Special Report: City Hall

Architects Express Support for City Hall

A number of architects have expressed support for efforts to maintain an architecturally significant facade on Hamilton's City Hall.

By RTH Staff
Published November 26, 2008

A number of architects have expressed support for efforts to maintain an architecturally significant facade on Hamilton's City Hall. This designated heritage building is internationally renowned as an outstanding example of the International Style, a modernist architectural movement prominent in the mid-20th century.

Council voted recently to replace the original marble facade with precast concrete to save money, but heritage advocates are hoping that a local campaign can convince Council to upgrade the facade to limestone, which is consistent with the building's heritage designation.

Catherine Nesmith, President of the Architectural Conservancy of Ontario (ACO), wrote:

Please know that ACO members across Ontario are with you in your efforts to have the restoration of Hamilton City Hall worthy of the City of Hamilton, and worthy of its architect who deserves all the honours that we can heap upon him -- the greatest of which is to have his work cherished and preserved.

Stanley Roscoe's service to the City of Hamilton left a remarkable collection of mid century treasures.

Our Hamilton branch has argued tirelessly for the preservation of Hamilton City Hall, first for designation, and more recently for restoration in its original materials. The marble was chosen to link this crisp modern building with significant buildings of the past. ACO Council supports our local branch and agrees that replacement in concrete would downgrade the public image of the City of Hamilton and be poor heritage conservation practice.


Few Ontario cities have the wealth of architecture that Hamilton enjoys.

Hamilton City Council has committed its citizens to high standards in conservation of the significant collection of heritage buildings in private hands. We hope City Council will lead by example, and work to the same standard in its own portfolio.

The dignity of the image of the City depends on Council reversing its decision to use concrete.

Jack Diamond is an internationally renowned architect, a Officer of the Order of Canada and a recipient of the Order of Ontario, and a principal of Diamond + Schmitt Architects, the firm that is designing McMaster Innovation Park. He wrote:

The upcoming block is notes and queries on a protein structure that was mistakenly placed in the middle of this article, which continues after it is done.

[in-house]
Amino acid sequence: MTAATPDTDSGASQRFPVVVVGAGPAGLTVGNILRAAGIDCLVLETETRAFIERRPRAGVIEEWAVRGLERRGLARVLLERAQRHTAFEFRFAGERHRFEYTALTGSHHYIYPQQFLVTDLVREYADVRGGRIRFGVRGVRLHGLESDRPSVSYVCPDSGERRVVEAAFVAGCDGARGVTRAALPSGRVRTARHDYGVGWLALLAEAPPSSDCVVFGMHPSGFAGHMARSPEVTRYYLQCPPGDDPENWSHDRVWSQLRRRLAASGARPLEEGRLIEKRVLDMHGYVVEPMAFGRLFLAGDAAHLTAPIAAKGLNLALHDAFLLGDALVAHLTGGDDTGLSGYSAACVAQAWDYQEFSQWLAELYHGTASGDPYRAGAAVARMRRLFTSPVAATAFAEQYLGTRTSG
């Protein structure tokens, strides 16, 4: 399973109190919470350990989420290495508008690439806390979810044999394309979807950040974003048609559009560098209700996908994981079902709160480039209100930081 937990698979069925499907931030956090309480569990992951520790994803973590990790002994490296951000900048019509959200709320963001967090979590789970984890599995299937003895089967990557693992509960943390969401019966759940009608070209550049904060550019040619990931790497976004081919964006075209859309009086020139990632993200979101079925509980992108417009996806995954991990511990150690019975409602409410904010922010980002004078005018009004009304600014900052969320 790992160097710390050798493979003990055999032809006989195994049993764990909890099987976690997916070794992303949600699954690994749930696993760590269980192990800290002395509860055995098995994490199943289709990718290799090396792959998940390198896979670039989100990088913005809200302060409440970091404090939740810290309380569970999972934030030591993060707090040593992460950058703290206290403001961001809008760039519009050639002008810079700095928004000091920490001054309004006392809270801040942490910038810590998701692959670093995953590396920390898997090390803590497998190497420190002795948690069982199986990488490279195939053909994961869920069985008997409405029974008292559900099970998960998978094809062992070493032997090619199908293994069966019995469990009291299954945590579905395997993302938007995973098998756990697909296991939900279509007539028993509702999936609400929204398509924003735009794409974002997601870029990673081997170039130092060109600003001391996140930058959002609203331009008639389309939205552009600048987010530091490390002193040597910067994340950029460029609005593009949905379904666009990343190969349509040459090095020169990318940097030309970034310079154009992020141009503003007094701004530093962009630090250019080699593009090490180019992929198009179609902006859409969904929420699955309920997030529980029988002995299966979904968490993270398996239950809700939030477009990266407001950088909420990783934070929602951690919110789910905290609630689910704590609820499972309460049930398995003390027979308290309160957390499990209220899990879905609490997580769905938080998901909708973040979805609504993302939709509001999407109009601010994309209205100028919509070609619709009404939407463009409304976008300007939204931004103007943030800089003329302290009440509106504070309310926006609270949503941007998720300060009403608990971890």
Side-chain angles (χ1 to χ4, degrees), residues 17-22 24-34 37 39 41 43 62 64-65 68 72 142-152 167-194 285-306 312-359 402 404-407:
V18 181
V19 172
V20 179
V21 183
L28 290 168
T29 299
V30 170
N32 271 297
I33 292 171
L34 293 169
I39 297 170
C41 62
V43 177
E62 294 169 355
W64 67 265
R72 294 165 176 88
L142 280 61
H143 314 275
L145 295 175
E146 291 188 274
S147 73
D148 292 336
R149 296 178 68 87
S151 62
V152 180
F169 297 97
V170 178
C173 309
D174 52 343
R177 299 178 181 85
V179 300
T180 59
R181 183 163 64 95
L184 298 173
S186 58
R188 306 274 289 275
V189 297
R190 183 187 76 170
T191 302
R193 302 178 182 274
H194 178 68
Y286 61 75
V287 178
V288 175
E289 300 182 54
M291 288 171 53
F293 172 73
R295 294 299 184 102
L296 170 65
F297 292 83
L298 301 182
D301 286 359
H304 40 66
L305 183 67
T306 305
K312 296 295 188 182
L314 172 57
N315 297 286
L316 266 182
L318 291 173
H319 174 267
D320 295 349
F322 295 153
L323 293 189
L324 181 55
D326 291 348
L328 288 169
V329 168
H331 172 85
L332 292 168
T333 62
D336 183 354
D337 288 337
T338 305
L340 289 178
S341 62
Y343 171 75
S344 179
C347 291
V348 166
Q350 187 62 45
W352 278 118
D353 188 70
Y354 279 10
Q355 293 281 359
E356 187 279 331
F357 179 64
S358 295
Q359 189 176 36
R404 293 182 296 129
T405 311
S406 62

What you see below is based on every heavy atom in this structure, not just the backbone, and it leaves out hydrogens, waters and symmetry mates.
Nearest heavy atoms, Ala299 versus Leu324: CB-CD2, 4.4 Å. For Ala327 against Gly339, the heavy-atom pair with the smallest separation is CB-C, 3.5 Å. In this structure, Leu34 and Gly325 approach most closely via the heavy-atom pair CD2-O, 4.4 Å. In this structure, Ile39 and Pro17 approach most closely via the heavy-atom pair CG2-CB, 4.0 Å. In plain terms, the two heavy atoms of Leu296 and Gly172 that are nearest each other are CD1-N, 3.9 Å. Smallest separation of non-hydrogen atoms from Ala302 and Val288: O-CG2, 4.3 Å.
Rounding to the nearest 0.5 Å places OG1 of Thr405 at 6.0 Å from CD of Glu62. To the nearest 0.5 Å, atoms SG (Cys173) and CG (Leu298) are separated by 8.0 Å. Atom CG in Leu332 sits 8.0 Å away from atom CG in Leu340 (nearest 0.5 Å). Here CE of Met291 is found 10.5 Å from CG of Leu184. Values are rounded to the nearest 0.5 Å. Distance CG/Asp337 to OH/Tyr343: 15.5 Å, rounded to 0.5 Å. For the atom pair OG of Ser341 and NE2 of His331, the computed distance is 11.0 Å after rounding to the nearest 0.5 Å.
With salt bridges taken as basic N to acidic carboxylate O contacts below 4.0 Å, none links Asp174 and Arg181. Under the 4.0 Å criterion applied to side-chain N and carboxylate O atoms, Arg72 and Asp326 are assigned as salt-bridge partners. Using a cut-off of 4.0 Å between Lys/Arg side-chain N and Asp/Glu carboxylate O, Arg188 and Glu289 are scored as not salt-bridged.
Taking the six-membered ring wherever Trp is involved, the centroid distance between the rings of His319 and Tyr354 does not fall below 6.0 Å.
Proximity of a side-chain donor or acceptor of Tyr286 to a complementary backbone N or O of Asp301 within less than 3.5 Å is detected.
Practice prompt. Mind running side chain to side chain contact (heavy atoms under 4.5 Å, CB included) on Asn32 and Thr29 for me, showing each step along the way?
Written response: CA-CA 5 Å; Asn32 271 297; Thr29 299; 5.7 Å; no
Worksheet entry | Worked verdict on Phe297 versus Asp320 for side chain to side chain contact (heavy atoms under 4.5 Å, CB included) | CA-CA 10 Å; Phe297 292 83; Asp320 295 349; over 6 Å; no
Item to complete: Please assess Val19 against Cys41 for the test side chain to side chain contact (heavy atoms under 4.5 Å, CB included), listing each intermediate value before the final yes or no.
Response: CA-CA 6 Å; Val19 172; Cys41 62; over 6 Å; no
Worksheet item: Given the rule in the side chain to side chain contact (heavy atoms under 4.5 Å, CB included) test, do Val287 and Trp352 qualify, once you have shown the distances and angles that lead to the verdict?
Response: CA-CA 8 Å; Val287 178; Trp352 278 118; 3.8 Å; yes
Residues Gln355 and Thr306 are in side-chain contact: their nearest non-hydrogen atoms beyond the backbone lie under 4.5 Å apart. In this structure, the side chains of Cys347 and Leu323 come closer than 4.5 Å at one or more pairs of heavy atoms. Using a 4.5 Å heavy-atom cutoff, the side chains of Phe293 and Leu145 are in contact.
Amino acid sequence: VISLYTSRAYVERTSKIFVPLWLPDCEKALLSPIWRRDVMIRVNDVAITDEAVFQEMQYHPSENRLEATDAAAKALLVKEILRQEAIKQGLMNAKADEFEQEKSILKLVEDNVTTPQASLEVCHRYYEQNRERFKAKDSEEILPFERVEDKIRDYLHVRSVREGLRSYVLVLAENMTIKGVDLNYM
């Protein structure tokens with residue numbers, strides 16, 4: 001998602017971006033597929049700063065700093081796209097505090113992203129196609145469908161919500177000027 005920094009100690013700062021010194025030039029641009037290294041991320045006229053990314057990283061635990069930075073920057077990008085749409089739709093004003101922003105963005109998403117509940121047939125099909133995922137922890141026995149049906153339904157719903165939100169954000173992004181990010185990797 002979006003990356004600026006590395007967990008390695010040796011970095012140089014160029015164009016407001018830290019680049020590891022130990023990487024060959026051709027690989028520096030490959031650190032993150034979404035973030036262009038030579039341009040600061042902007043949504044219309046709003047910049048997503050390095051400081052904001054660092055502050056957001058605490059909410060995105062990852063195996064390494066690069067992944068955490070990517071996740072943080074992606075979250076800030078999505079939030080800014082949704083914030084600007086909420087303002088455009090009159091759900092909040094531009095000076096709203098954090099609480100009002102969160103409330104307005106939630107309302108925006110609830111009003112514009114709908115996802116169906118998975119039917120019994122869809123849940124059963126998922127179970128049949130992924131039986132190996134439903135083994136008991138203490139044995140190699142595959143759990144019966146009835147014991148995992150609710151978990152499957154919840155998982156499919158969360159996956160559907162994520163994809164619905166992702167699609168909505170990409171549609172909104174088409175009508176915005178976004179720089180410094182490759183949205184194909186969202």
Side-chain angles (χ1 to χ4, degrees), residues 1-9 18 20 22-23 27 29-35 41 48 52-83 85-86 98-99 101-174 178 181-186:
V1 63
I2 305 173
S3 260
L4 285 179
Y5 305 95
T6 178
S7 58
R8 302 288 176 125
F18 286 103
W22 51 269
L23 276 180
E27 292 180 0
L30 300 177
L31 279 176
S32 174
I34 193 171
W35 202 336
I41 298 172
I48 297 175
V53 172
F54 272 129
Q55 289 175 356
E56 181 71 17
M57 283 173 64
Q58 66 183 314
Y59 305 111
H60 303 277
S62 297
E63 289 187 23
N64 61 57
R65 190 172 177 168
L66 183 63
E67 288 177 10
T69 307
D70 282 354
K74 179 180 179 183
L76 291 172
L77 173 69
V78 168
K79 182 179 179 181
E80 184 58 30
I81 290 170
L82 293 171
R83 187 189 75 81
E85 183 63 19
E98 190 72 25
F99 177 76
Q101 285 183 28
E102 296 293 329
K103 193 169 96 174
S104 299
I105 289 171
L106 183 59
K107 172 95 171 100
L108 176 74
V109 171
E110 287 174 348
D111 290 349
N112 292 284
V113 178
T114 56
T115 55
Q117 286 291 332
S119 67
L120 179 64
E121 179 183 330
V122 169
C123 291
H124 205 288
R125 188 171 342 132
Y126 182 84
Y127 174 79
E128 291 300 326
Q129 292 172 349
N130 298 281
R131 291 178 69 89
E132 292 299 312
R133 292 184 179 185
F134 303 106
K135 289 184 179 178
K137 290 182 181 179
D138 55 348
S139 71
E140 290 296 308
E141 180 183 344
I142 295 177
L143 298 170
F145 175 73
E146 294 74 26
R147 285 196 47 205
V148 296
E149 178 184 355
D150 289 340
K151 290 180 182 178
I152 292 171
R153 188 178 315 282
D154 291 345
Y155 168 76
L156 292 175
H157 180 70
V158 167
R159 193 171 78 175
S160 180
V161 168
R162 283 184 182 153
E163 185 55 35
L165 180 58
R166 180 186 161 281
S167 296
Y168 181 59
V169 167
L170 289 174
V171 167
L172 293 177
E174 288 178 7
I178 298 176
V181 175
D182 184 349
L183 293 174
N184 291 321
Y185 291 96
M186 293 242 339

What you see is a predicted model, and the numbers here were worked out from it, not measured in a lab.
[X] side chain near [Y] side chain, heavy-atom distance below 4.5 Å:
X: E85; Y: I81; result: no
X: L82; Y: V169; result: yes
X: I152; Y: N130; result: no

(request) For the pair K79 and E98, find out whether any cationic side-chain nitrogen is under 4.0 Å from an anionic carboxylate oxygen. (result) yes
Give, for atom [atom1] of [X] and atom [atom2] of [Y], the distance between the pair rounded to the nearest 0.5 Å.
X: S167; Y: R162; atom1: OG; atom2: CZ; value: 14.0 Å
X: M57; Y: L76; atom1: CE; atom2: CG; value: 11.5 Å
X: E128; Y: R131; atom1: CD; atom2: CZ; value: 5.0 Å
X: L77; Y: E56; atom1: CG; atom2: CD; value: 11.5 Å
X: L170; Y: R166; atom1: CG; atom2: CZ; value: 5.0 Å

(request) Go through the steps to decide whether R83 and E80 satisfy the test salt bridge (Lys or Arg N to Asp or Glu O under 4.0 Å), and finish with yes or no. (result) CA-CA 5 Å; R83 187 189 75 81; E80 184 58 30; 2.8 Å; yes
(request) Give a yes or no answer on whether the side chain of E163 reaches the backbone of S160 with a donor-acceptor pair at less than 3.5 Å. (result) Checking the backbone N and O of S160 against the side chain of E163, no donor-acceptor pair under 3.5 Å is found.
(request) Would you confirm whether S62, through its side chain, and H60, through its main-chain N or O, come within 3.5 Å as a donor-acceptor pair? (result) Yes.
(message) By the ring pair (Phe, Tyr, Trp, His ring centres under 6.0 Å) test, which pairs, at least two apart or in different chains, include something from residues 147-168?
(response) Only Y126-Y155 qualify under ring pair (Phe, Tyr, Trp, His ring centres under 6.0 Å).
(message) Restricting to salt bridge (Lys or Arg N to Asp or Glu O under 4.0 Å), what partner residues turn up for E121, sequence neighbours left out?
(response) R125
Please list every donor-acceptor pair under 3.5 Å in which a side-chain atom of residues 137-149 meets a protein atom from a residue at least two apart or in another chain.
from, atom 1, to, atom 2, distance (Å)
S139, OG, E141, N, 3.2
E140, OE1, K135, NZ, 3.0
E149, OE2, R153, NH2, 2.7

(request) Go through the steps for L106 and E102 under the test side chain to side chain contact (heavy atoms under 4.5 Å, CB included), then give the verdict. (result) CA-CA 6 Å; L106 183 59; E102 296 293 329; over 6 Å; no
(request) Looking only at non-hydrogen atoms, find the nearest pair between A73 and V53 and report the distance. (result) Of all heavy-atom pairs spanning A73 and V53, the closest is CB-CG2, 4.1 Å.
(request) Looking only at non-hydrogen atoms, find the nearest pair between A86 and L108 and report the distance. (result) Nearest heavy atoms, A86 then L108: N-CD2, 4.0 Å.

Hamilton is fortunate in having a fine example of modernist architecture. Its value will only increase with time. However, this means that renovations should respect the cultural heritage that buildings represent. It should be done with respect, honouring with integrity the original artifact, its materials and detailing.

Future generations will bless those who have such sensitivity and an understanding of the real and symbolic importance of buildings which house our public institutions.

Bruce Kuwabara is one of Canada's best-known architects, renowned locally for having renovated the Art Gallery of Hamilton and for having proposed an urban renaissance around Gore Park long before city staff began studying it.

He grew up in North Hamilton, and looked to Stanley Roscoe as an inspiration during his own architectural training:

Stan Roscoe was one of the first architects that I had ever encountered in real time, in real practice. He was positively dapper, always wearing well-tailored suits and ties. His shirts, unlike mine, were crisp. He spoke precisely and quickly, directing the flow of discussion about detailed aspects of his projects. And needless to say, he made a huge impression on me.

I have witnessed the loss of vitality and life in the downtown of my home town. It is a tragedy because the downtown of my youth was full of life, and this one exhilarating modern building designed by Stan Roscoe.

More recently, when I was working on the transformation and renovation of the Art Gallery of Hamilton, designed in the seventies by Trevor Garwood Jones, I stood in the rooftop outdoor sculpture atrium, and was inspired by the sight of the City Hall, and the distant silhouette of the Mountain, and the big sky above, to decided to create the interior space of what is now a Scupture Atrium for the AGH. In other words, I was inspired to ignite a conversation between the art gallery and the city hall, between my work and Stan Roscoe's.

When I learned that the City of Hamilton was going to retain and renovate its existing City Hall, designed by Stan Roscoe, I was both surprised and delighted. Modern buildings are now heritage. It is amazing how quickly time passes.


The way in which the City has retained one of the great works of modern architecture in Canada is something to celebrate. But the way in which the renovation of this treasure is carried out will speak more about the maturity, depth of knowledge and appreciation that this City and this community has about itself than about the building alone.

I will follow with great interest to see whether Hamilton will do the right thing or whether it will have saved a great work of architecture, only to render it in a mediocre way.


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